After a year of hostilities, India has reiterated that engagement with Pakistan needs to continue.
Invoking former Prime Minister Atal Bihari Vajpayee, MJ Akbar, Minister of State for External Affairs, Wednesday said that while one cannot change one's neighbours, "we have to deal with them eyes open, and not deal with them with closed minds".
Akbar was speaking to the media on his ministry's mid-term review. "Let there be peace and there will be a dialogue," he said, reminding Islamabad that terror and talks cannot go together.
His colleague VK Singh was even more stern, saying India would not accept "continuance of terrorism as the new normal". "The aim of the surgical strike was to convey to Pakistan that we will not accept continuance of terrorism as the new normal. Our own good faith has been amply demonstrated time and again through repeated initiatives to normalise the relationship," he said. "However, as we have often stated, talks and terror cannot go together."
External Affairs Minister Sushma Swaraj, who is recovering from a surgery, did not attend the mid-term review press meet.
After taking over in May 2014, the NDA government of Narendra Modi unexpectedly began an aggressive outreach to the neighbouring countries, including Pakistan. Modi even undertook an unplanned visit to Lahore to wish Nawaz Sharif on his birthday, before a series of terror attacks, India's surgical strikes and the resultant tension along the border derailed the renewed engagement.
Besides engaging with Pakistan, Modi went the extra mile to strengthen relations with the US, a country which did had refused him a visa until he was declared the BJP's prime ministerial candidate in 2013. However, with Donald Trump's election as the US president, there is apprehension that he could reset the terms of the engagement.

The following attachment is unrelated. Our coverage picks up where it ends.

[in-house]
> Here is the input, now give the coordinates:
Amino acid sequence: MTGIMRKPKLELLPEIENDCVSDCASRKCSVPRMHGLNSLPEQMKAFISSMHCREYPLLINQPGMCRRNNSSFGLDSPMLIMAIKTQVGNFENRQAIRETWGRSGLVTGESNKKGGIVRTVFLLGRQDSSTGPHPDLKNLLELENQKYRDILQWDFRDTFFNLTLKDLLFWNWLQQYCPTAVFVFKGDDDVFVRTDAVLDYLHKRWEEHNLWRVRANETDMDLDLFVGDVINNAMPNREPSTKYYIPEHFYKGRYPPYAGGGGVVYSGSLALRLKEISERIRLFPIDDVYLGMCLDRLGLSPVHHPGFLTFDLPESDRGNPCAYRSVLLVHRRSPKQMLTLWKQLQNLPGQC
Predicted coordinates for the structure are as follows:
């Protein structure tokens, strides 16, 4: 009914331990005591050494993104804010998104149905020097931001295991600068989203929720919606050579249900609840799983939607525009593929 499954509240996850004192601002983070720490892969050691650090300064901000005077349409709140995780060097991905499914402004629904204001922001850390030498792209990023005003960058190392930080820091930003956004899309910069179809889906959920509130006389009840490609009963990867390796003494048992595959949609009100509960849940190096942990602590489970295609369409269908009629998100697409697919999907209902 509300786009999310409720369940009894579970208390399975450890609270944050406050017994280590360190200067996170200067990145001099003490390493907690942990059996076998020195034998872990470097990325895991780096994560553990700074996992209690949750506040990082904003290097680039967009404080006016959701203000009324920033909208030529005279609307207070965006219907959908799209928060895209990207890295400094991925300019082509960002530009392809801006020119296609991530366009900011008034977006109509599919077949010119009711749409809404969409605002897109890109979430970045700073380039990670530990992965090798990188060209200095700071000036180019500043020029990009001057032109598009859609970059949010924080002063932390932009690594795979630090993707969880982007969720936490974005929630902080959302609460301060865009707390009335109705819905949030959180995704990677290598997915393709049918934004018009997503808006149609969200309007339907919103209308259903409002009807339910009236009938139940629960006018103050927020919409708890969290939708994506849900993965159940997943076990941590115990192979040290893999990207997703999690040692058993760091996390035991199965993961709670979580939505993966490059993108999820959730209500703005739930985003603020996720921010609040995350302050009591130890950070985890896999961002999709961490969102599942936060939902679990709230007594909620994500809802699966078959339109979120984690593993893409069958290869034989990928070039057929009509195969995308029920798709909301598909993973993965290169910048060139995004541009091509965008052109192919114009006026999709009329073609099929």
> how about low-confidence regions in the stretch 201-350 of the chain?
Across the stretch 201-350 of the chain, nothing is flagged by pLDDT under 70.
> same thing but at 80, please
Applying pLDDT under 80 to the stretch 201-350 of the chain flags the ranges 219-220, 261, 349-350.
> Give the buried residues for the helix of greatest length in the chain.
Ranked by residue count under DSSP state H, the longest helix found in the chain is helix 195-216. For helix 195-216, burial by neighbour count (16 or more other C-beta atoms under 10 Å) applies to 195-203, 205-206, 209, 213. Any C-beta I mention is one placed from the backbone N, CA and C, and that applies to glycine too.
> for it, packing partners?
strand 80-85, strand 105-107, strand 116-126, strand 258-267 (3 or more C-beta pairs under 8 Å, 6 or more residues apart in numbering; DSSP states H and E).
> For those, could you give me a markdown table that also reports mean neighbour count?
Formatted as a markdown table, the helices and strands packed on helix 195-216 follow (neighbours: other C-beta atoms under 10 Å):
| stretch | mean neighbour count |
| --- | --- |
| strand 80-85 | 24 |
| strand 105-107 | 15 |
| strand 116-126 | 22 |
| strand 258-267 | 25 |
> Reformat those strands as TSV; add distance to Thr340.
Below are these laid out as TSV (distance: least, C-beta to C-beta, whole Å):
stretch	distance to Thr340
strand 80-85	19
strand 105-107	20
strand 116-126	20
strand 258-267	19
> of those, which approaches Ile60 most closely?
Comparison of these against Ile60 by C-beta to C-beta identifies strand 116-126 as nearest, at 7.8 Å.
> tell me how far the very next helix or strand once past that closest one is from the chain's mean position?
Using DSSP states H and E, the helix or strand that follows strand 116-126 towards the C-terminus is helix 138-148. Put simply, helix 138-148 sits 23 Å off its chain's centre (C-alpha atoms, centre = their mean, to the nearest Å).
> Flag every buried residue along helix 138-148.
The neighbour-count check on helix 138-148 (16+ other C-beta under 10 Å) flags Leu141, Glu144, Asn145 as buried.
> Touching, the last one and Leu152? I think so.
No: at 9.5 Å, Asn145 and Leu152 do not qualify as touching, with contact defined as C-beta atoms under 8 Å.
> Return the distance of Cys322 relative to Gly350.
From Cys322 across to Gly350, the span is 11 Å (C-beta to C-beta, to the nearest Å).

Akbar dismissed such fears. "We are clear that the future of the India-US relations is brighter than in the immediate past," he said, explaining there have been high-level engagements with the incoming Trump administration, not least visits by NSA Ajit Doval and Foreign Secretary S Jaishankar.
India's growing proximity to the US has come at the cost of strategic realignments in its own neighbourhood, with China moving closer to Pakistan by making its biggest overseas investment in the China Pakistan Economic Corridor, something that India has been opposing.
China is also blocking India's bid for permanent membership to the Nuclear Supplier's Group even as it continues to block Masood Azhar, Pakistan-based chief of the Jaish-e-Mohammad, being designated as a terrorist by the United Nations Security Council.
"China has its own problem of terrorism. China recognises it. China addresses it in bilateral agreements. We hope and are sure that China can be persuaded to see the depth and evil of the menace," Akbar said, adding that India will continue to point out this "absurdity".
VK Singh mentioned how India continued to engage with member countries, including China, over its NSG bid. India's bid for the NSG has been criticised within some quarters of the diplomatic establishment who argue that it is not required since India already enjoys the status of a special invitee.
A top MEA official, however, disagrees. "We have ambitions for unhindered entry to that group. What is wrong in that? We don't want to be in a situation where we always need a ticket to enter," the official said.
Singh explained the need to see the relationship with China "as a whole". "Our engagement with China is driven by our national interest. Certainly, there are areas of divergence with China but that happens in any matured relationship," he said, pointing to the progress made by Chinese Industrial Parks in Pune and Vadodara.
China and Pakistan were recently joined by Russia in discussions on the future of Afghanistan, much to India's anguish. The move again puts Pakistan in the driving seat when it comes to Afghanistan.
Russians, who are wary of the growing threat of the Islamic State in Afghanistan, have lately been pushing for engaging with the Taliban, something that both Islamabad and Beijing have been trying for some time, but little success.
Akbar downplayed this development. A top diplomat claimed that such talks "do not mean much". "Mere meeting of three-four countries does not make a difference," the minister said at the press meet, adding that India stands for an Afghan-led, Afghan-owned and Afghan-controlled peace process.
"Surely, you do not believe that because of the very our strong bilateral relationship Russia can not engage or consult with other nations. Of course, it can. We are absolutely confident in saying that we do not believe that Russia will do anything that is injurious to our security interest and injurious to our national interest," he said.